Don't let anyone tell you tile is out. Humans for 4,000 years have beautified their environment with tiles, from the pyramids of Egypt to the mosaics of Spain, from the majolica floors of Italy to the tin-glazed tiles of Belgium.

Tilework, however, is constantly being reinvented and rediscovered, with new or artistic variations on an ancient theme.

Homeowners looking to add a custom touch can add tile to a backsplash, a shower stall or around a fireplace, dramatically customizing the look of a space without moving walls or investing in major construction.

Here are two ideas for using tile to add a touch of class to a room:

Recycled granite

Granite has become a popular material for kitchen and bathroom countertops. But the granite industry every year tosses away or is forced to recycle millions of pounds of scrap granite a year.

Cringing at the waste, Joe Joseph has found a way to turn that scrap into attractive and contemporary looking split-stone tiles for backsplashes, fireplace surrounds, outdoor kitchens and even entire interior walls.

He and his wife, Brooke, last year started Granite for a Green Planet, taking hundreds of tons of leftover granite from area fabricators and turning them into tiles, all out of patented machinery in their east Petaluma garage.

"The split granite tiles have a unique aesthetic quality and are more durable than almost anything else on the market, making them very attractive to clients," said Joseph.

A residential redeveloper, he and several partners buy up distressed properties, fix them up and then flip them back onto the market. They are committed, he said, to "green-habbing" — or remodeling in an eco-conscious way. He uses the recycled granite in his remodels but also sells it to DIY-ers.

As 100 percent post-consumer waste, the tiles qualify for points toward certification through the Green Building Council.

Granite for a Green Planet is an affiliate of Recycled Granite, a company founded by Julie Rizzo, a former granite countertop consultant who became dismayed by all the beautiful scrap she saw in the company dumpster. She estimates that up to 30 percent of each granite slab winds up as scrap, since homeowners prefer slabs without seams. Since she started the company in 2009, the product has been featured on many home improvement shows and she now has affiliates in 18 states and Canada, including Granite for a Green Planet, one of two in California.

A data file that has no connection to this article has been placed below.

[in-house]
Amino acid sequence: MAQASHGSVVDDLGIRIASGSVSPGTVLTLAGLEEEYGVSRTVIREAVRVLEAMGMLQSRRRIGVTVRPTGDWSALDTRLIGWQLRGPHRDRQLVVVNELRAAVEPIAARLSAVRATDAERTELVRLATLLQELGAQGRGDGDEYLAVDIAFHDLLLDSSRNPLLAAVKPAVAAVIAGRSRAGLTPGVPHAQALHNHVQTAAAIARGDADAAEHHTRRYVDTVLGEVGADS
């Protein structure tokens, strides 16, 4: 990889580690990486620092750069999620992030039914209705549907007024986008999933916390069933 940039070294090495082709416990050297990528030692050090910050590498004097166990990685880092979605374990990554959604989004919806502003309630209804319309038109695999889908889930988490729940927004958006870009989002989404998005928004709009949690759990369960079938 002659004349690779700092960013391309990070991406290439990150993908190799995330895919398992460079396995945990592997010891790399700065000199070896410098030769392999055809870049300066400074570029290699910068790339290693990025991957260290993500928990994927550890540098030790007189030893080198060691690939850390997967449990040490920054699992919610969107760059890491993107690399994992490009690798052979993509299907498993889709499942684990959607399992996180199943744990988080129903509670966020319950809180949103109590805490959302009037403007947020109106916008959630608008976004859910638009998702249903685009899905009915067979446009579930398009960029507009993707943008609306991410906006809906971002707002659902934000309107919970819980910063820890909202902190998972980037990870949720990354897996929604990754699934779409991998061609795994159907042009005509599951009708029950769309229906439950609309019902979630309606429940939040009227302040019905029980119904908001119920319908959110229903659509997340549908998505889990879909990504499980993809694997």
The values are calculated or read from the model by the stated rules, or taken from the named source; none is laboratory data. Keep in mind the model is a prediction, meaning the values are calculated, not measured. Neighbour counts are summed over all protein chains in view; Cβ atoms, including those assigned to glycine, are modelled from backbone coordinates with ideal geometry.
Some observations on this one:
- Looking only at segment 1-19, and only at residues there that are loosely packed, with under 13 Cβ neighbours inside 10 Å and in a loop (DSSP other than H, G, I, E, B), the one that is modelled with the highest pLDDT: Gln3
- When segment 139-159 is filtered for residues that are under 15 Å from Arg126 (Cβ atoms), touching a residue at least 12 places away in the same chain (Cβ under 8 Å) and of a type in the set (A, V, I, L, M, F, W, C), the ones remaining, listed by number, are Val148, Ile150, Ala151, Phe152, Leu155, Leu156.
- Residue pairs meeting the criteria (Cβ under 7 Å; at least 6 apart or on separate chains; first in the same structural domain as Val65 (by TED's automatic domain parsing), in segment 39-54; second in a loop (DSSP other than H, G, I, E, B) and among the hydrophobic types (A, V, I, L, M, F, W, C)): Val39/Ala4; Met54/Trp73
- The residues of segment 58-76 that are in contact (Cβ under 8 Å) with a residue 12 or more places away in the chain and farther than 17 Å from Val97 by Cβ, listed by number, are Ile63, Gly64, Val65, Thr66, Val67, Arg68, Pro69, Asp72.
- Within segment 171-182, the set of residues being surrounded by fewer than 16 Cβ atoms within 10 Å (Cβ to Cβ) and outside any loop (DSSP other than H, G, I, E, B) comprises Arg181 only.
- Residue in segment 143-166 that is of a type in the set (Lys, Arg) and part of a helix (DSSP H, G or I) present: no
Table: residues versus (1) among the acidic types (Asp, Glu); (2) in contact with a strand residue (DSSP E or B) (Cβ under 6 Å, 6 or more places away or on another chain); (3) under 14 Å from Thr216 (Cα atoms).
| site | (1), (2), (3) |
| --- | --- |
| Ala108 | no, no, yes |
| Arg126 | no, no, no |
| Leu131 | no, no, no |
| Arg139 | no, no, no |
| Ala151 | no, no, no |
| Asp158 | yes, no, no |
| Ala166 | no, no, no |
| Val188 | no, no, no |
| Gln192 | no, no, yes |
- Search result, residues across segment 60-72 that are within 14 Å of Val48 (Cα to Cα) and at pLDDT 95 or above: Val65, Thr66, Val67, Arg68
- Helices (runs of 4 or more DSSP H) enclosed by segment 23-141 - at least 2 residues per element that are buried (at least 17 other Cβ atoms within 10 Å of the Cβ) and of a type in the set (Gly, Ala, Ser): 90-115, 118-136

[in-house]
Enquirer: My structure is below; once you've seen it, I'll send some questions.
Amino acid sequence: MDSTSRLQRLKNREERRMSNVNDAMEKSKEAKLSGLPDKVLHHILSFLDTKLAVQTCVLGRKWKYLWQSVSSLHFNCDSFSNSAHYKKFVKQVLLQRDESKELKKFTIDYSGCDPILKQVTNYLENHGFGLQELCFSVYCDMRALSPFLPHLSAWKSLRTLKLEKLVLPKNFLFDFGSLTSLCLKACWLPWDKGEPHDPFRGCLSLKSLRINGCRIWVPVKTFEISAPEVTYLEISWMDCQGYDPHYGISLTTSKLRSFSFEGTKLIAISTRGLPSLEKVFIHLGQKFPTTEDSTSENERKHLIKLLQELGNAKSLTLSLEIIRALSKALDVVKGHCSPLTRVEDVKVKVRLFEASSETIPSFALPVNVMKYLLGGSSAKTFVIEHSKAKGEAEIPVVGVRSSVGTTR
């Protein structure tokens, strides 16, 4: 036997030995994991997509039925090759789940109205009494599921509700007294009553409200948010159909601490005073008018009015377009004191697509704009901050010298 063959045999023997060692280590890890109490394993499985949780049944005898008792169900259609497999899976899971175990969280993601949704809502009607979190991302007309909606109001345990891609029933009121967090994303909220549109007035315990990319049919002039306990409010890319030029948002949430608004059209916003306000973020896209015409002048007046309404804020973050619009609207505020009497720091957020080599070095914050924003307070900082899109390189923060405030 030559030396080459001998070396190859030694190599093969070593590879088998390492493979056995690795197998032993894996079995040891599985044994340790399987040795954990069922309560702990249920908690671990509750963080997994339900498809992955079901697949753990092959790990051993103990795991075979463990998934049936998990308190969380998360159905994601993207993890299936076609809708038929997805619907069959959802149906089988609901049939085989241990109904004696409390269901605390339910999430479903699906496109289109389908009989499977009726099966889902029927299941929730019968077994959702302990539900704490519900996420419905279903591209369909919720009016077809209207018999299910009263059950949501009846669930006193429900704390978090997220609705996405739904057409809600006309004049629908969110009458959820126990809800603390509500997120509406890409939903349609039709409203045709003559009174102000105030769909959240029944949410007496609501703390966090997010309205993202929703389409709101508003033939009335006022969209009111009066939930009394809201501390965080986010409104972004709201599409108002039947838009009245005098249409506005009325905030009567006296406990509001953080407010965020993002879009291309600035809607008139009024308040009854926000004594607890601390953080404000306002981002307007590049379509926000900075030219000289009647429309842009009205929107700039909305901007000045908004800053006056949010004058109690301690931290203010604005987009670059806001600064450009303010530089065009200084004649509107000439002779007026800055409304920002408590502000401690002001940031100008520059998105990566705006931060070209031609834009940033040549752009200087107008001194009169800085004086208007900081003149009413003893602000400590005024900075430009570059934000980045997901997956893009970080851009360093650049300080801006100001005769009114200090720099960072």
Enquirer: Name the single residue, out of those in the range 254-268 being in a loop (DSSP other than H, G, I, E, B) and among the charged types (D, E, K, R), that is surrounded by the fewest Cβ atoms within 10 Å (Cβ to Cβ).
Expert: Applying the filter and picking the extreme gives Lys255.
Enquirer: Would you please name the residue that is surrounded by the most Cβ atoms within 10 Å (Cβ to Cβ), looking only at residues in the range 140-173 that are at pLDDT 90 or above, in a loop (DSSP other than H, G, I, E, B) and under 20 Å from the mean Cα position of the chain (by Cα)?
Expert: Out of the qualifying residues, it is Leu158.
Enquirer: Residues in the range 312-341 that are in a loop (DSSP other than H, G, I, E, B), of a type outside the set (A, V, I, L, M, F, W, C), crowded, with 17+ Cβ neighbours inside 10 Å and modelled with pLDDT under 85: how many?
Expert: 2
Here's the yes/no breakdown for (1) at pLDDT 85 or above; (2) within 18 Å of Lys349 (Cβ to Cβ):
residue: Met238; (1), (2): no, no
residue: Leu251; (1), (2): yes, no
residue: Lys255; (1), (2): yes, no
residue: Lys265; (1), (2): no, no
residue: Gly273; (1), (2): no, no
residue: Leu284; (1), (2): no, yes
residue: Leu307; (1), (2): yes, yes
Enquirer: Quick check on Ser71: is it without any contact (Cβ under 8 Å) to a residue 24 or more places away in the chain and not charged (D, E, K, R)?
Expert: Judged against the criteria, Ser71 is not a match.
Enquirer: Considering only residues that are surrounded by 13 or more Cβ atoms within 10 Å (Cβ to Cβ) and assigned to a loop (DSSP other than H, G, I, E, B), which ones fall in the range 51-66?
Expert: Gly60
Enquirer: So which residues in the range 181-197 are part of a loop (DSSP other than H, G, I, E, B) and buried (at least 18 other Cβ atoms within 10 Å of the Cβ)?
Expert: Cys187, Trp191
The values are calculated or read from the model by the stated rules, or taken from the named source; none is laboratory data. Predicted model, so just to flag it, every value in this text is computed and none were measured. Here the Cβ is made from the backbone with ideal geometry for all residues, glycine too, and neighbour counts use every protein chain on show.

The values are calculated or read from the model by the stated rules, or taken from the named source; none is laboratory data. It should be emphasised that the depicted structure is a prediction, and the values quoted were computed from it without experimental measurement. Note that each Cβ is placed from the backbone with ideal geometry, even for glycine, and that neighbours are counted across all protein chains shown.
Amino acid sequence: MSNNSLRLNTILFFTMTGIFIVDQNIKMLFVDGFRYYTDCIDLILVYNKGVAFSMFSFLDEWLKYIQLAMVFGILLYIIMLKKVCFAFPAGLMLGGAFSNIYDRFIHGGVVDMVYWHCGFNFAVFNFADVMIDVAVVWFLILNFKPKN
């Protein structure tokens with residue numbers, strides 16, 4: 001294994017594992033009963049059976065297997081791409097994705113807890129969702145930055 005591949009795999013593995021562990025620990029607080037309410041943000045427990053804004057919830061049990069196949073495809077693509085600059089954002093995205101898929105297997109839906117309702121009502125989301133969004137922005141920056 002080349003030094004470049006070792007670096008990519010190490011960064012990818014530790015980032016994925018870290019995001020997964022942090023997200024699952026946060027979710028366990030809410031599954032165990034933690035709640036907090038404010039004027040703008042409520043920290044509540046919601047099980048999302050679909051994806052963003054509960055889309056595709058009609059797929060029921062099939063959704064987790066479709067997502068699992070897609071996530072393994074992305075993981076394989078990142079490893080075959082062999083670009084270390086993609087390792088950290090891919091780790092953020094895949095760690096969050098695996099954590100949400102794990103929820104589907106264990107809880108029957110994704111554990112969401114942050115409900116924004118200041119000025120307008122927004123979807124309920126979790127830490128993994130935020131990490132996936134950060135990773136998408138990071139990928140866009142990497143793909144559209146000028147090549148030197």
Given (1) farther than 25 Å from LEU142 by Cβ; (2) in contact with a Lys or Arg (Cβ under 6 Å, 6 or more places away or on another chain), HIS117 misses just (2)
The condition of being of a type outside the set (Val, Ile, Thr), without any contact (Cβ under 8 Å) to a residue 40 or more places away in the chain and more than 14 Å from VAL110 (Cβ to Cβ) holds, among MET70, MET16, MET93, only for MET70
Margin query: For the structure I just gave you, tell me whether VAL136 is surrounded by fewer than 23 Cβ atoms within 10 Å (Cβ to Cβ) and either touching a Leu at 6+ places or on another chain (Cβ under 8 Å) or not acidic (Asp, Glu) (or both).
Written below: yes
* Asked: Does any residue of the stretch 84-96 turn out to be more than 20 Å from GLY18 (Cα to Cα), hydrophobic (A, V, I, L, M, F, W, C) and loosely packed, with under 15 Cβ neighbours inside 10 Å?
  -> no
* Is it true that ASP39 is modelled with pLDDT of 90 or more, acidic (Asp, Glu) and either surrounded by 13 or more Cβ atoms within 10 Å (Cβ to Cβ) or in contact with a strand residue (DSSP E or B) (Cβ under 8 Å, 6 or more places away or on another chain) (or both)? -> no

Joseph splits each piece individually, revealing the sparkle from the natural quartz and mica. No two pieces are exactly alike, lending a natural look to a finished installation.

The couple sell primarily to do-it-yourselfers in the greater Bay Area. Because of the weight, they don't ship them, but people can pick them up in person or arrange a halfway meeting point for pickup.

Installation, they say, is fairly easy, requiring only thin-set mortar to bond the tiles to a surface and no grout. The tiles retail for about $8-$10 a square foot.

Graniteforagreenplanet.com or 779-9651.

Artistic accents

Linda Shea is a master of faux finish, an alchemist with paint who can fool the eye into thinking wood is stone or plaster is wood.

But the Healdsburg decorative painter also hand-paints ceramic tile, turning plain tiles into custom works of art.

Shea's artistic background is multifaceted. In the 1970s, she worked in the fledgling medium of holographic art. But after her children came along in the 1980s, she learned the art of hand-painting tile at McIntyre Tile in Healdsburg, which has produced high-quality artistic stonwork and porcelain tile for 40 years.

Her hand-painted tiles can be inserted as a beautiful accent within a solid-color tile installation — a bird, for instance, or a clump of grapes, a botanical or even something whimsical. Shea can paint almost anything you want. That means that without investing in a huge installation or mural, one can customize a backsplash or bathroom with just a few inset accent tiles. She can either mix some hand-painted designs here and there amid a solid-color installation or put several together to create a mural effect, like in a backsplash or behind a stove.

Working out of a home studio in the rural Chalk Hill area, Shea also creates hand-painted mosaic tiles, cutting the wet tile before firing. They can then be set within a tile installation, almost like a jigsaw puzzle.

Even small mosaics, she said, can be added to personalize an otherwise plain wall of ceramic tile.

LindaShea.com, 838-2523; McIntyre-Tile.com, 433-8866.